Turn a new chapter and start reading!
By Daniel J. McLaughlin
Books are a vehicle of transportation, and the reader is in the passenger seat. They can take you to faraway magical worlds, full of awe and wonder, or you can walk down the halls of power, eavesdropping as individuals change the world. You can join wizards at Hogwarts, Hobbits in the Shire, and wardrobes can be doorways to Narnia. You can solve crimes with Sherlock Holmes or fall in love with Mr Darcy. You are swept away into imaginary worlds with imaginary characters, escaping from the stresses of real life for a time.
And yet, there are those who refuse to open their minds to books.
In England, 36 per cent of adults do not read for pleasure, with this figure rising to 44 per cent for young people aged between 16 and 24. UK adults would like to read more, but they are unable to find time in their busy lives to wind down with a book. New research from the Reading Agency found that two-thirds of adults would like to read more (67 per cent), but nearly half (48 per cent) say they are too busy to do so. Over a third (35 per cent) struggle to find the right book for them, and a quarter (26 per cent) would like a recommendation from their friends or families.
Across the pond, Americans are also struggling to pick up a book. About a quarter of adults in the US (24 per cent) have not read a book in whole or in part in the past, whether in print, electronic or audio form, according to the Pew Research Center. Adults with a high school degree or less are about five times as likely as college graduates (36 per cent v seven per cent) to be non-book readers in any format in the past year. The number of Americans not reading books has increased since Pew Research Center first started conducting surveys about book-reading habits in 2011 - it was 19 per cent that year.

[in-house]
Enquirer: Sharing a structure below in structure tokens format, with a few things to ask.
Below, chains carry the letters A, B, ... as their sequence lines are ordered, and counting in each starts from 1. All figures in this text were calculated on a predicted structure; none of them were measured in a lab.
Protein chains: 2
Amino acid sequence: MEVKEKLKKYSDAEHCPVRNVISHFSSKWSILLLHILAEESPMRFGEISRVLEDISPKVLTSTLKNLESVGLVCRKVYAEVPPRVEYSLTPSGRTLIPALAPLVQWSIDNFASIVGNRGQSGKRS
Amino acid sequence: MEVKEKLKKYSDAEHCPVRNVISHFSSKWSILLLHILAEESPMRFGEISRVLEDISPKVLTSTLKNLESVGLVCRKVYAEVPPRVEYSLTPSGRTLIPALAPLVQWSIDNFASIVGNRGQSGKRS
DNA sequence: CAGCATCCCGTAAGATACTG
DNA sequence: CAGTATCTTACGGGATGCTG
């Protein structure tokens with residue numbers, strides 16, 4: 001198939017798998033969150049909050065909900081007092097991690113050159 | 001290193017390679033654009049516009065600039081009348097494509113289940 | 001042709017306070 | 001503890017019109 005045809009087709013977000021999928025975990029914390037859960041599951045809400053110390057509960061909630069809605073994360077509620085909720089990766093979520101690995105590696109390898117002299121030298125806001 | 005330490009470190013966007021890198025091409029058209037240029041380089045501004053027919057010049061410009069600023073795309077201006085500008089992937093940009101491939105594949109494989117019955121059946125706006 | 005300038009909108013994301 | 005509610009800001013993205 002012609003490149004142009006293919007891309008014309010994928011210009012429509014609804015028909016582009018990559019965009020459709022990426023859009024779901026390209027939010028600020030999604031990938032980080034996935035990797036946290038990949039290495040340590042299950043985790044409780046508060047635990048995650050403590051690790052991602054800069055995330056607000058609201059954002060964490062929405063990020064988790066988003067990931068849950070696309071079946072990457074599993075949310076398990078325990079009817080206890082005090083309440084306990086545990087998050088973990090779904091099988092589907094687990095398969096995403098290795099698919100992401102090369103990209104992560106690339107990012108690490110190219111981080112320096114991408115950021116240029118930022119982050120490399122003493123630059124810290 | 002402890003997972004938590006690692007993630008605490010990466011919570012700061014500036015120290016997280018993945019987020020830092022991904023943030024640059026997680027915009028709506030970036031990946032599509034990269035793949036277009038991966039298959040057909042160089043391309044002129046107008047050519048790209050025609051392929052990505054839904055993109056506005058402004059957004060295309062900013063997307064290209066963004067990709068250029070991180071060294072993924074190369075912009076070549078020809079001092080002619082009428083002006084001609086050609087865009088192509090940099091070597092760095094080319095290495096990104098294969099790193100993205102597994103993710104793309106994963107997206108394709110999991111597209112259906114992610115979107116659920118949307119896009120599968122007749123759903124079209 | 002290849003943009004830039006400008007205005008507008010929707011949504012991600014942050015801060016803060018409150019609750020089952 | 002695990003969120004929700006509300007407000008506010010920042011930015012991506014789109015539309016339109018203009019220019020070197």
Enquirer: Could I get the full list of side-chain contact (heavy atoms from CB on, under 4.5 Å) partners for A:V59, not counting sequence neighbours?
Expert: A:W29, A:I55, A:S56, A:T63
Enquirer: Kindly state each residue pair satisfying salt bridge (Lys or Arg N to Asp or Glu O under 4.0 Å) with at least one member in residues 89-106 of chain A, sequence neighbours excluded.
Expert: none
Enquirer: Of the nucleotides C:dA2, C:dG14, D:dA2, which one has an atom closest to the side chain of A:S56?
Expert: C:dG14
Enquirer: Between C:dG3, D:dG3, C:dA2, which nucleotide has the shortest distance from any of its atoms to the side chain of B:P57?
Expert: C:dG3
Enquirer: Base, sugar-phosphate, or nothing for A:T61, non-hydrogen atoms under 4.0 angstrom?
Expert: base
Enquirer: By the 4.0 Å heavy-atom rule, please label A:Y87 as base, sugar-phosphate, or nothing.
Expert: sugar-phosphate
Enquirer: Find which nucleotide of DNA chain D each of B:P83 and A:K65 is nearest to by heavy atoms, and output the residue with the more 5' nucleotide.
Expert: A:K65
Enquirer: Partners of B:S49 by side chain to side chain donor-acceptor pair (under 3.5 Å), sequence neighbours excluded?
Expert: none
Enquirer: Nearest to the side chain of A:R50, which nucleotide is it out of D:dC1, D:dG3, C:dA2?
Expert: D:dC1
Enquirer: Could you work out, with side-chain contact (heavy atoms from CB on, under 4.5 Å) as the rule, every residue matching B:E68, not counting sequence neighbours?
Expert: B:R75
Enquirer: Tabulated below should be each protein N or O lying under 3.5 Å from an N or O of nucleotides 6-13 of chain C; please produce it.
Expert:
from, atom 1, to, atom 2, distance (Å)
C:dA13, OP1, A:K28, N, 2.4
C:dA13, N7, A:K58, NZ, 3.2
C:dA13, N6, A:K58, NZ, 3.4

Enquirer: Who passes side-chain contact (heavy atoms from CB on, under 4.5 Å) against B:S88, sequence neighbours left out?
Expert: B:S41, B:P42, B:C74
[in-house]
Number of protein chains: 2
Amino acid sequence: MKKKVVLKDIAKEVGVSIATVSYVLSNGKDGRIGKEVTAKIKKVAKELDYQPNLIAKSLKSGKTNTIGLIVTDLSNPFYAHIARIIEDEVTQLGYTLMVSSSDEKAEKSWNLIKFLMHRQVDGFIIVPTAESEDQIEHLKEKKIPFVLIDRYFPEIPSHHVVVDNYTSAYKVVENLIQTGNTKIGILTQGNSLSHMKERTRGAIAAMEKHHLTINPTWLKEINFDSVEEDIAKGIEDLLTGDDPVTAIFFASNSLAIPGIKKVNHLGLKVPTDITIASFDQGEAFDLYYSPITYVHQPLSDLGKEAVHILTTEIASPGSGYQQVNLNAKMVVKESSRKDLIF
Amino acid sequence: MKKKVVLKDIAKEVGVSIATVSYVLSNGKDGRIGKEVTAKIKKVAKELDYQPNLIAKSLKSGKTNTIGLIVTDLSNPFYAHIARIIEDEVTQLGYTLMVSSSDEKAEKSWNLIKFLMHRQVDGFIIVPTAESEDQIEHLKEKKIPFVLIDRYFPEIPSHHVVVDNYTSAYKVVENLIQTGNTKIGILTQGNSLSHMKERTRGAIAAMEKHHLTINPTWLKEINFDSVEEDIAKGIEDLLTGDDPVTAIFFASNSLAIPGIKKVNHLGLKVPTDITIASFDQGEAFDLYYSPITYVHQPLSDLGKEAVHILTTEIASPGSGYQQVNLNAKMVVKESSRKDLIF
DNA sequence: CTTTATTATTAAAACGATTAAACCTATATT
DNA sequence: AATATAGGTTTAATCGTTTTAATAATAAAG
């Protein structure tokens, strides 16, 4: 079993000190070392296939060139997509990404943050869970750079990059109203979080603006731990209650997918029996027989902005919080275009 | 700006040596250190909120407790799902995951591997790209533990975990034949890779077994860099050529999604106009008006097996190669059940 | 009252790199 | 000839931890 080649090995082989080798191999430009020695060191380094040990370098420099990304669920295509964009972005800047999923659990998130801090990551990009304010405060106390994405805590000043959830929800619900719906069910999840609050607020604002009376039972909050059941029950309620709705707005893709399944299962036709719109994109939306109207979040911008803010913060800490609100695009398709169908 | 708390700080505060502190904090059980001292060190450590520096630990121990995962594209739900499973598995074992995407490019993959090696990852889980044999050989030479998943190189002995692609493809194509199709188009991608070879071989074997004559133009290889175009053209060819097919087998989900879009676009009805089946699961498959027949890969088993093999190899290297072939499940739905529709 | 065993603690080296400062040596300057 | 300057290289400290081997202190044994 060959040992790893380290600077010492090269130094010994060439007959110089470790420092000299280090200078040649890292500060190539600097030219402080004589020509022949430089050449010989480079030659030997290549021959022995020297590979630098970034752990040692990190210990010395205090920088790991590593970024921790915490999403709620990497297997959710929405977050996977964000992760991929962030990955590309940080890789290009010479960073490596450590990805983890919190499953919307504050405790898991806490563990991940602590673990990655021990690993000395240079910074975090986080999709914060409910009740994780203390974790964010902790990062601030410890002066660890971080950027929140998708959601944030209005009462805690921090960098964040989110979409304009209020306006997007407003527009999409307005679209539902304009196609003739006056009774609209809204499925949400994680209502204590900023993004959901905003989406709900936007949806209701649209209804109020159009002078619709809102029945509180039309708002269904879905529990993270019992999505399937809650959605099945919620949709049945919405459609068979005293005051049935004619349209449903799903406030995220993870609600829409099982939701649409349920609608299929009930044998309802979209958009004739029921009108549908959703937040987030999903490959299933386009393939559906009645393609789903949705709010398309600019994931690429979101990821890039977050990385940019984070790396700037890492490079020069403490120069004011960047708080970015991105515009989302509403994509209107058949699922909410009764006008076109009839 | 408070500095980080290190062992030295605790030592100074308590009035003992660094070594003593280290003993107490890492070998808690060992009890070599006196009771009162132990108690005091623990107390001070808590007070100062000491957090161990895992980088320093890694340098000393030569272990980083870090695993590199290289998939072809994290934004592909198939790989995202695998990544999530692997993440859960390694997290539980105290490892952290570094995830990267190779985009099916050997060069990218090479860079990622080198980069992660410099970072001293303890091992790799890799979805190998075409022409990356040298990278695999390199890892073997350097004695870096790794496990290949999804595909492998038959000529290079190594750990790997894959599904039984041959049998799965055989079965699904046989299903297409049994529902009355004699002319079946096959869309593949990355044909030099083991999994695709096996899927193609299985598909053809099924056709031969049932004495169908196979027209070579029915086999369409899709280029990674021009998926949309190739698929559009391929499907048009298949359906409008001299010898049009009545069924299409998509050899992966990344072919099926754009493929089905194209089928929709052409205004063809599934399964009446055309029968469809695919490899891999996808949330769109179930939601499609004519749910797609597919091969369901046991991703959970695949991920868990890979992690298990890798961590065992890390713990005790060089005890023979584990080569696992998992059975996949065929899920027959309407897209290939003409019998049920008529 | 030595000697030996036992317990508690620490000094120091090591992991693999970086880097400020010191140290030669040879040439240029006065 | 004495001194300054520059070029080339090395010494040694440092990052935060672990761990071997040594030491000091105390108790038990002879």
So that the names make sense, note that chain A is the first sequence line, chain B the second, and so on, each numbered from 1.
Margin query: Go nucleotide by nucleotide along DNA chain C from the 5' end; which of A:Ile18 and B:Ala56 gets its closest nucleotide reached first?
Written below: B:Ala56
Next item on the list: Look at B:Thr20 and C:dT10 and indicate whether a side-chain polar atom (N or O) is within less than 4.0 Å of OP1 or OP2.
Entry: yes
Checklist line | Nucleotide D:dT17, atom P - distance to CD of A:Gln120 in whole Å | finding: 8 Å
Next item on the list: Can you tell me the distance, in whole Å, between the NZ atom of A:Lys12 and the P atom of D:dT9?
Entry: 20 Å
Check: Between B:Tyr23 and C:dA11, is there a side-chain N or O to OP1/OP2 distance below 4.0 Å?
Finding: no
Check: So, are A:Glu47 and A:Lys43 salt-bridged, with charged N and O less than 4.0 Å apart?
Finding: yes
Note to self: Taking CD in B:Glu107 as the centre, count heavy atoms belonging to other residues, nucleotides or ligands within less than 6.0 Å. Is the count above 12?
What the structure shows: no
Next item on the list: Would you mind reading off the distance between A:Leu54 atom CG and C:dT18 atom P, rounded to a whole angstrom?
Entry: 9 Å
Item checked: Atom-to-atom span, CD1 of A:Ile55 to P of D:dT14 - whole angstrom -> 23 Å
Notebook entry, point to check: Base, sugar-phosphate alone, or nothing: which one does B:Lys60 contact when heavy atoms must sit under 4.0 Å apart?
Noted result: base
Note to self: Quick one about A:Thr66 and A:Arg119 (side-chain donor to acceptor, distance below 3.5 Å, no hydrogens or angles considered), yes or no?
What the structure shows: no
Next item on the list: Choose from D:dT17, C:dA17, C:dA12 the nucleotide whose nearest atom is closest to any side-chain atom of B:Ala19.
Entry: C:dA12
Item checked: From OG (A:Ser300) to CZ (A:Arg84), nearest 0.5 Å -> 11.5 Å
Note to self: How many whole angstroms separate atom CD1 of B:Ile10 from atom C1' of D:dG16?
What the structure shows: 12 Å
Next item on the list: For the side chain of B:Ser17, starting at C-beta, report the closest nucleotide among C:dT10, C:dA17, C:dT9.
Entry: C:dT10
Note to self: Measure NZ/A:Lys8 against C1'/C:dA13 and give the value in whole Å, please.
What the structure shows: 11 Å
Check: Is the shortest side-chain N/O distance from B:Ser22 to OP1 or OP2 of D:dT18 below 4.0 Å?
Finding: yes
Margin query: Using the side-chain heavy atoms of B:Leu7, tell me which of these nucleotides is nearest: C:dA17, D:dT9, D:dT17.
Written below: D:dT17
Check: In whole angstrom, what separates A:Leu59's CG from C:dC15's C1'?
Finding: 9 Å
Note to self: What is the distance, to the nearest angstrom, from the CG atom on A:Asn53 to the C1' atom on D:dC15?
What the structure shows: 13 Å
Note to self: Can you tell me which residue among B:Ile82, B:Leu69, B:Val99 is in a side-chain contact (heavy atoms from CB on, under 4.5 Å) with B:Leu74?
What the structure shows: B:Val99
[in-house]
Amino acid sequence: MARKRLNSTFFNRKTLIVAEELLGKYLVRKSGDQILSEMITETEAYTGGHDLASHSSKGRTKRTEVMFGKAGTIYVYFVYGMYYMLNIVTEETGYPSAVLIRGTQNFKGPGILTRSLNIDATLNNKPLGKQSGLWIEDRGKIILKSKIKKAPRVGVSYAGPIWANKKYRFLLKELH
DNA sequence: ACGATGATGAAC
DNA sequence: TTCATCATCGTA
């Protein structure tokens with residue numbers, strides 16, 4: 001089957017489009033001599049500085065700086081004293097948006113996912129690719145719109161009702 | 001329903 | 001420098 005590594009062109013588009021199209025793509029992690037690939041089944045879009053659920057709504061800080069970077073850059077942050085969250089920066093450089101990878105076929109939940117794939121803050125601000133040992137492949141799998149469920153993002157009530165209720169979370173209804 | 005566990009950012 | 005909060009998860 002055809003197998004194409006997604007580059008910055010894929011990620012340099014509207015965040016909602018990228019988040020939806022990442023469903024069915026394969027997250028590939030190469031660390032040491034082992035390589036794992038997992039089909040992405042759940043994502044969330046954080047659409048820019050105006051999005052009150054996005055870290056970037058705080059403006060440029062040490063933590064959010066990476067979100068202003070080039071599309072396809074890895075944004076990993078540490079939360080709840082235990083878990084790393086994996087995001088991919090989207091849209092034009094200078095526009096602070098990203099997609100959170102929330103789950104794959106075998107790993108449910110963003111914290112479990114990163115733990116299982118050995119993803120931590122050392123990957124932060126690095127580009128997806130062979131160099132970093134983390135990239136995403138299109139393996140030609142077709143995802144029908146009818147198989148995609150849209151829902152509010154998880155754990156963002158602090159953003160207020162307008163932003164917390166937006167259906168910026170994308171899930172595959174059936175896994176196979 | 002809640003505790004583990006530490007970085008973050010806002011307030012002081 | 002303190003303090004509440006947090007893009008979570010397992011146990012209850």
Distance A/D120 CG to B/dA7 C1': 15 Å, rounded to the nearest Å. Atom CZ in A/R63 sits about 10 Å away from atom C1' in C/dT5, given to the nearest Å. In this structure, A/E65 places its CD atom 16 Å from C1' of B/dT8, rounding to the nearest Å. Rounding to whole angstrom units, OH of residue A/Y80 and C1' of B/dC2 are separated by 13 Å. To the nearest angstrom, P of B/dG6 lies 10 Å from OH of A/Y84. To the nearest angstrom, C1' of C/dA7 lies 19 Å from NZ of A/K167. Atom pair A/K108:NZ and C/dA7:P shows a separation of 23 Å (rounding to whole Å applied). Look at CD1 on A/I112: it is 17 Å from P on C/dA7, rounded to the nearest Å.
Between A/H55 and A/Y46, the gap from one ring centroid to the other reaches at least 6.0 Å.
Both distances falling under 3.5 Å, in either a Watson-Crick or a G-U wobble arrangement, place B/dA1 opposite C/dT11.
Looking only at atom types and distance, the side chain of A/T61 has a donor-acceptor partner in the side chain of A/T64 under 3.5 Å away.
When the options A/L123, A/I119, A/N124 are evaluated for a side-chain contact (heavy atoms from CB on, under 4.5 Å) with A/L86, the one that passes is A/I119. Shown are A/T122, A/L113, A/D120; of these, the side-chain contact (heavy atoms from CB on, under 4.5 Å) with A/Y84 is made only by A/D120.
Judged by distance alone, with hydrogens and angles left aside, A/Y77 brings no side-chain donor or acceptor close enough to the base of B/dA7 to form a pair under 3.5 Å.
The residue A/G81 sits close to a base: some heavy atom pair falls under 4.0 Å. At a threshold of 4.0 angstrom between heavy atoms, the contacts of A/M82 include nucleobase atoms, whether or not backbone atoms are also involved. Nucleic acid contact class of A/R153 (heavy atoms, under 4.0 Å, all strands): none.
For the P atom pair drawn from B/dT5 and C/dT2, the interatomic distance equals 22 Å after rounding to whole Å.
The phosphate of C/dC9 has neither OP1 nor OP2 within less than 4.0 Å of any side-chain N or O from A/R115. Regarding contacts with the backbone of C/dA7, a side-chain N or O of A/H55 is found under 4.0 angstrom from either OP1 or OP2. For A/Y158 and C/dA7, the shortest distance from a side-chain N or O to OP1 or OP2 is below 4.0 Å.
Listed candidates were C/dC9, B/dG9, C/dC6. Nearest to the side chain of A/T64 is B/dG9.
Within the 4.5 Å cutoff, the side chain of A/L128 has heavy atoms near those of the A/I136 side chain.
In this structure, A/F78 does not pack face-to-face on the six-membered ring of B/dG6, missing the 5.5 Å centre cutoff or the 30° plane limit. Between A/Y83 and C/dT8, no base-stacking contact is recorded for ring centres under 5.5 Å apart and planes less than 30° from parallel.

They are missing out on a world of pure imagination, as well as health benefits of reading books. Getting lost in a book is good for you, with the 'transportation' making you more empathic and creative. Melanie Green, associate professor of communication at the University of Buffalo, told NBC News that reading can help us better understand and interact with other people, keep our brains sharp, expand our world views and grow as individuals.
She said: "Stories allow us to feel connected with others and be part of something bigger than ourselves."
Keith Oatley, professor emeritus in the department of applied psychology and human development at the University of Toronto, explains that reading makes us think and feel in different ways. "You give up some of your own habits and thoughts, and you take on your own idea of being a different person in circumstances that you might otherwise never had been in," he said.
Starting reading books early can lead to higher intelligence in later life by opening up a world of knowledge from very young. According to a paper from the University of California, Berkeley, children's books expose kids to 50 per cent more words than prime time television or even a conversation between college graduates. Exposure to this new vocabulary helps with higher scores in reading tests and general tests of intelligence.
But don't worry - it's not too late if you didn't start from an early age. "The brain is like a muscle, and by exercising this muscle, people can improve their brain power," the Business Insider writes. Participants in a study read 30 pages of a book the night before a MRI of their brains. In the morning, the results showed there was a heightened connectivity in the left temporal cortex - the area of the brain associated with language and intelligence. Even though the participants were not reading the novel in the MRI machine, their brains were still retaining a heightened connectivity as if they were.
Book Lovers Day celebrates the bibliophiles amongst us, but it offers non-readers the chance to turn a new chapter and starting reading books. Not only does it spark your imagination, escaping the real world for magical worlds, it is good for you. Chapter one of this journey starts now.